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How Do I Integrate a Battery Backup with a Grid-Tie Solar Power System?

One of the most common questions asked by customers is how to integrate a battery backup solution with an existing grid-tie system. As designed and required by law, grid-tie systems shutdown during a grid power outage. To get a better understanding as to why that happens, read this article for a more detailed explanation on the subject. The main reason is to make sure solar panels are not back-feeding power into the grid while line workers are attempting to make repairs. With those details being known, customers want to maintain some level of power during a grid-outage for powering essential appliances or critical loads. Resolving that issue requires integrating a battery backup alongside your grid-tie system that does not feed power back into the grid.

There are a few different ways to achieve it. One of the more common methods is called AC Coupling. This is a system configuration that involves adding a battery-based inverter and a battery bank into an existing grid-tie system as well as a critical loads panel. A critical loads panel is needed to power all the devices and appliances needed to remain powered during a grid outage. The battery-based inverter and the critical loads are connected to the critical loads panel. AC Coupling requires that the output of the grid-tie inverter also be connected to the same critical loads panel. This design places the battery-based inverter output and the grid-tie inverter output on a common bus or loads panel resulting in the two being coupled together hence the phrase “AC Coupling”.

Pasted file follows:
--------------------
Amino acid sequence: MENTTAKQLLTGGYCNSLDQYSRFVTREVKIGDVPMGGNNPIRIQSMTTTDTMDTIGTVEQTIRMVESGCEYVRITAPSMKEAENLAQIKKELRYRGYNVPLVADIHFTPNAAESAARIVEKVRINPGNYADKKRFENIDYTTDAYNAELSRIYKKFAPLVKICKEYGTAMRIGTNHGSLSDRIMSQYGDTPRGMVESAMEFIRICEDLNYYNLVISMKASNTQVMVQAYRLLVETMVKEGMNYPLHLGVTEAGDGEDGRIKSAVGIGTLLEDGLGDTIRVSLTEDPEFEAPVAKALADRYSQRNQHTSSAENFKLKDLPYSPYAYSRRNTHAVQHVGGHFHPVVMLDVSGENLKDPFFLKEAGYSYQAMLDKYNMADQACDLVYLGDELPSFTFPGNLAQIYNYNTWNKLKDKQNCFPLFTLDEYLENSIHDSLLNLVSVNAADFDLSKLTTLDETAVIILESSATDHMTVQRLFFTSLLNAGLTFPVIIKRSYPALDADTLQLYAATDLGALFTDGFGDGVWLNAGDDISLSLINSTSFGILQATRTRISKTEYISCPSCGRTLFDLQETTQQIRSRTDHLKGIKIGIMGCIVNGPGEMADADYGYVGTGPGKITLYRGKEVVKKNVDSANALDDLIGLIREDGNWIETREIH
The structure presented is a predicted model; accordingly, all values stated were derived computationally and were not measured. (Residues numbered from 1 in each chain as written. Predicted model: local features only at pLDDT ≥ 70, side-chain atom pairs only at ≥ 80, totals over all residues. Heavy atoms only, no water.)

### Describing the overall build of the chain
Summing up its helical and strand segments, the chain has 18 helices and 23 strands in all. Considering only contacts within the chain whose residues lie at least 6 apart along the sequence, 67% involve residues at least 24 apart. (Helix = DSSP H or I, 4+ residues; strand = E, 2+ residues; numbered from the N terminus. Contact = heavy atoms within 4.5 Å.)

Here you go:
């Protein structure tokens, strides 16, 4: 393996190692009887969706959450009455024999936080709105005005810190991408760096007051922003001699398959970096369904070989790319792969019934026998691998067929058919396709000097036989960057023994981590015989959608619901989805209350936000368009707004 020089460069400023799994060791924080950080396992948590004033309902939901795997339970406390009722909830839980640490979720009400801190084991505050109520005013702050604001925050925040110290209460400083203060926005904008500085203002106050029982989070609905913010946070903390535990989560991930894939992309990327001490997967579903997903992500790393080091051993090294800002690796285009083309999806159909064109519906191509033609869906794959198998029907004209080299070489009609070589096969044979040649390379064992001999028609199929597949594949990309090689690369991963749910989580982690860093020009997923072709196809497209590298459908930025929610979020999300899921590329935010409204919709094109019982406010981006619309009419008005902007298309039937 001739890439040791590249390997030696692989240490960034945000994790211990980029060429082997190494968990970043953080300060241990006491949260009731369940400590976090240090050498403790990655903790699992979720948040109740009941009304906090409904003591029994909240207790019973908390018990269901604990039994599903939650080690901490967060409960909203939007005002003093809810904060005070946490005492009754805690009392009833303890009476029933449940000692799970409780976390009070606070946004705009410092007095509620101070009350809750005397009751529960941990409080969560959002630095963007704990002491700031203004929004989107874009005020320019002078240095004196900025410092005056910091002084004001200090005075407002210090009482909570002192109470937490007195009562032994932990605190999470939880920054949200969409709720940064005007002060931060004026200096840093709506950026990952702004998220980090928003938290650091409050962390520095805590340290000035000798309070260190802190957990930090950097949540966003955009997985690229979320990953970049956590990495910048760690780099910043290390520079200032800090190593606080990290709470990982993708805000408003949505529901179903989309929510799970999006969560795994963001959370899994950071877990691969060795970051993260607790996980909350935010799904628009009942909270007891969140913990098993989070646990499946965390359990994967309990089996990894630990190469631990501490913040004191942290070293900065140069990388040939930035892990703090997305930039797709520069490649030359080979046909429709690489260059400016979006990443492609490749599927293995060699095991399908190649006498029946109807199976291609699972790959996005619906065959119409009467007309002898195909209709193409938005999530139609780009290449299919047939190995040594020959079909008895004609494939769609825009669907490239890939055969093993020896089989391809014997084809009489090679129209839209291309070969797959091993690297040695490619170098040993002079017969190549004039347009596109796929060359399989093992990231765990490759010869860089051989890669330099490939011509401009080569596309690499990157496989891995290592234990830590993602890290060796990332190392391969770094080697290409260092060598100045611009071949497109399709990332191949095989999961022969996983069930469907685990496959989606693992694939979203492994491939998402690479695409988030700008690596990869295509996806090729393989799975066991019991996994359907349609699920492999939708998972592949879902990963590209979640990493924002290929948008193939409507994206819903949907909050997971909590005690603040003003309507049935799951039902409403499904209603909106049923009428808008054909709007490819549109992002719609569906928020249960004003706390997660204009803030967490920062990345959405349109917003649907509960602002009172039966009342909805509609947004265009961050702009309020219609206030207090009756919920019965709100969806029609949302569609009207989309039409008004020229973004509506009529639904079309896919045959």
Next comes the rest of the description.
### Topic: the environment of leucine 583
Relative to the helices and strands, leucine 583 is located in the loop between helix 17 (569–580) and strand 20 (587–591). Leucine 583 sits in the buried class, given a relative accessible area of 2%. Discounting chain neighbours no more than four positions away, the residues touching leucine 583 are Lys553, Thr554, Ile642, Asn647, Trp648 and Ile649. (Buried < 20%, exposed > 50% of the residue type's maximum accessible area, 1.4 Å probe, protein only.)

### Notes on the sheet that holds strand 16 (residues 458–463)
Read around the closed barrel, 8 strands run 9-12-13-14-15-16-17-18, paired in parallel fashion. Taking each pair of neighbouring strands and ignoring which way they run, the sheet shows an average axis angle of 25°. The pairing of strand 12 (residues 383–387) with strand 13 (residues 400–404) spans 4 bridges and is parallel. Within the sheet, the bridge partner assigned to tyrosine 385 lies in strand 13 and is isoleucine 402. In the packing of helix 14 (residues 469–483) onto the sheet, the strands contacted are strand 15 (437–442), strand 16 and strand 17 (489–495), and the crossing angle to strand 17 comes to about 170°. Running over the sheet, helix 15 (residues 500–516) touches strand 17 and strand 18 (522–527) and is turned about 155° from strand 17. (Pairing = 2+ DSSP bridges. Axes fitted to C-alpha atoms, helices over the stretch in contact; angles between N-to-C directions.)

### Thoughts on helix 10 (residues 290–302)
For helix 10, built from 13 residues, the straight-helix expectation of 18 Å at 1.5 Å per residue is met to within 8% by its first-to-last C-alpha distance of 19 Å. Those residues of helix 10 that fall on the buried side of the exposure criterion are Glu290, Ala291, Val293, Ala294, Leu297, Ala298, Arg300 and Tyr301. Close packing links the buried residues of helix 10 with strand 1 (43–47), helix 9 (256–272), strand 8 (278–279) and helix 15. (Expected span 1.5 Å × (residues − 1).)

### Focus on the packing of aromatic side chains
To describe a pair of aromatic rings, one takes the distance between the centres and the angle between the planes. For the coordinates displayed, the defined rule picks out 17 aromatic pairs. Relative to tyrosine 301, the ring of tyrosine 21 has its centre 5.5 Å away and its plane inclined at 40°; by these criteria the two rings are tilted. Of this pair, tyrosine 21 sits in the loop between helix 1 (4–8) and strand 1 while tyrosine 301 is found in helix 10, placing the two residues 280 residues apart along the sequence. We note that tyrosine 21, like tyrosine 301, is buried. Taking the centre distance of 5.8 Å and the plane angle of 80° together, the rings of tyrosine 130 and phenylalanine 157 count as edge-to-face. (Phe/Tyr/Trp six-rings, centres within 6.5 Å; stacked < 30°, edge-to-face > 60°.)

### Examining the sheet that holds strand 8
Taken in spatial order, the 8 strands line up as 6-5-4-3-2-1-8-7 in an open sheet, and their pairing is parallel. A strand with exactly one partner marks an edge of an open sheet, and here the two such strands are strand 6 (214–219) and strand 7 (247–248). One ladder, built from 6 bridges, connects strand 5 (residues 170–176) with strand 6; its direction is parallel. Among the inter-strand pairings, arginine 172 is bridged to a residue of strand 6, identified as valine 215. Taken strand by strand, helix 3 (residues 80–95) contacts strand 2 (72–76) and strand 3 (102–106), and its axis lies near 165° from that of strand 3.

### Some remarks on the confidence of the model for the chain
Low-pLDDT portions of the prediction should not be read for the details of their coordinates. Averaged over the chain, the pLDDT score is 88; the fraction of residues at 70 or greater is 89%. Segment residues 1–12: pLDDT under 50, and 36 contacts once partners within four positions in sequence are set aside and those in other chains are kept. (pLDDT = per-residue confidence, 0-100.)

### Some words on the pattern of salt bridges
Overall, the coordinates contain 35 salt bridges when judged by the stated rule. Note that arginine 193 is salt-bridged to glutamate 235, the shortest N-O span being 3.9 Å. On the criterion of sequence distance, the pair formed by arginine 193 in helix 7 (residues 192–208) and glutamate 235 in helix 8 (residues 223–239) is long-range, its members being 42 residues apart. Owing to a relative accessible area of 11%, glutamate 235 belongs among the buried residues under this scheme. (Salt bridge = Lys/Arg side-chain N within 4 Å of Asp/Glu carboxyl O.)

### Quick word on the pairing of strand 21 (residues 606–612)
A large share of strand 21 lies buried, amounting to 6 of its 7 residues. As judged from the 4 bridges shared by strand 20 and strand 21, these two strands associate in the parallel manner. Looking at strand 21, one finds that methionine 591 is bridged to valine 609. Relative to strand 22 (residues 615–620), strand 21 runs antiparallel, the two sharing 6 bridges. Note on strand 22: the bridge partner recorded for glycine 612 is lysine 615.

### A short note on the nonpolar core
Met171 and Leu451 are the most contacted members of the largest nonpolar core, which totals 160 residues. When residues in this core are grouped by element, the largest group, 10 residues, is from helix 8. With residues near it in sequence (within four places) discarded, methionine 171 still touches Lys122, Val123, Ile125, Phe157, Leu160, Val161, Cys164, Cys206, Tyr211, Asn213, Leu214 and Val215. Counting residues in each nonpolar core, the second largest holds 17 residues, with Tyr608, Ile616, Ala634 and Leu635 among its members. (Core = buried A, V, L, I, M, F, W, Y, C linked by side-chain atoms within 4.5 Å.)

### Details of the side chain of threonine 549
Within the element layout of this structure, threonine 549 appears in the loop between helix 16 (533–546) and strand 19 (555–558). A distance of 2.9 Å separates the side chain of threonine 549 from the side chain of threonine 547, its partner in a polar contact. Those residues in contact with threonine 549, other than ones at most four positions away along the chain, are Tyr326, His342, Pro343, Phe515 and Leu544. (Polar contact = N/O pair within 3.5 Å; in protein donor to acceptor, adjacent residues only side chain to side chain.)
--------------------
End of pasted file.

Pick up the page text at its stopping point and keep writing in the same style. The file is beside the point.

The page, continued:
In this configuration, when grid power is present the solar panels are feeding power to the grid as normal which covers the loads on the critical loads panel. Any excess production of power will follow a sequence of events to make sure all loads are satisfied before feeding back to the grid. The power from the solar panels will first power any critical loads you have established on the critical loads panel. Once those loads are satisfied, excess power coming from the solar array will then charge your battery bank. Once the critical loads and the battery are satisfied and if the solar panels are still producing an excess of power, that power will be sent back to the mains load panel and would offset any loads present. Beyond that, if the solar panels are still producing an excess of power, the system will feed power back to the grid as designed.

On the contrary, when there is a grid outage and grid power is lost the loads on the mains power panel are no longer being fed. Excess power is no longer being sold back to the grid. The system at that point is being contained to the loads on your critical loads panel. During the grid outage, the battery-based inverter is still producing power and sending power to your critical loads panel. The grid-tie inverter sees the voltage and frequency from the battery-based inverter and is somewhat “tricked” into thinking that the grid is still active which results in the solar array being able to produce power and cover the critical loads and charge the batteries. The batteries will then be able to power the critical loads at night given the grid is still offline due to the power that was stored from the solar panels during the day.

In closing, AC Coupling offers a fail-safe option to power critical appliances like freezers and water pumps if grid power goes down and allows the system to back-feed the grid when grid power is active while ensuring your battery bank is fully charged.

For a more detailed explanation, watch the video below. Be sure to subscribe to the Northern Arizona Wind & Sun YouTube Channel to be notified of more videos when we post them.

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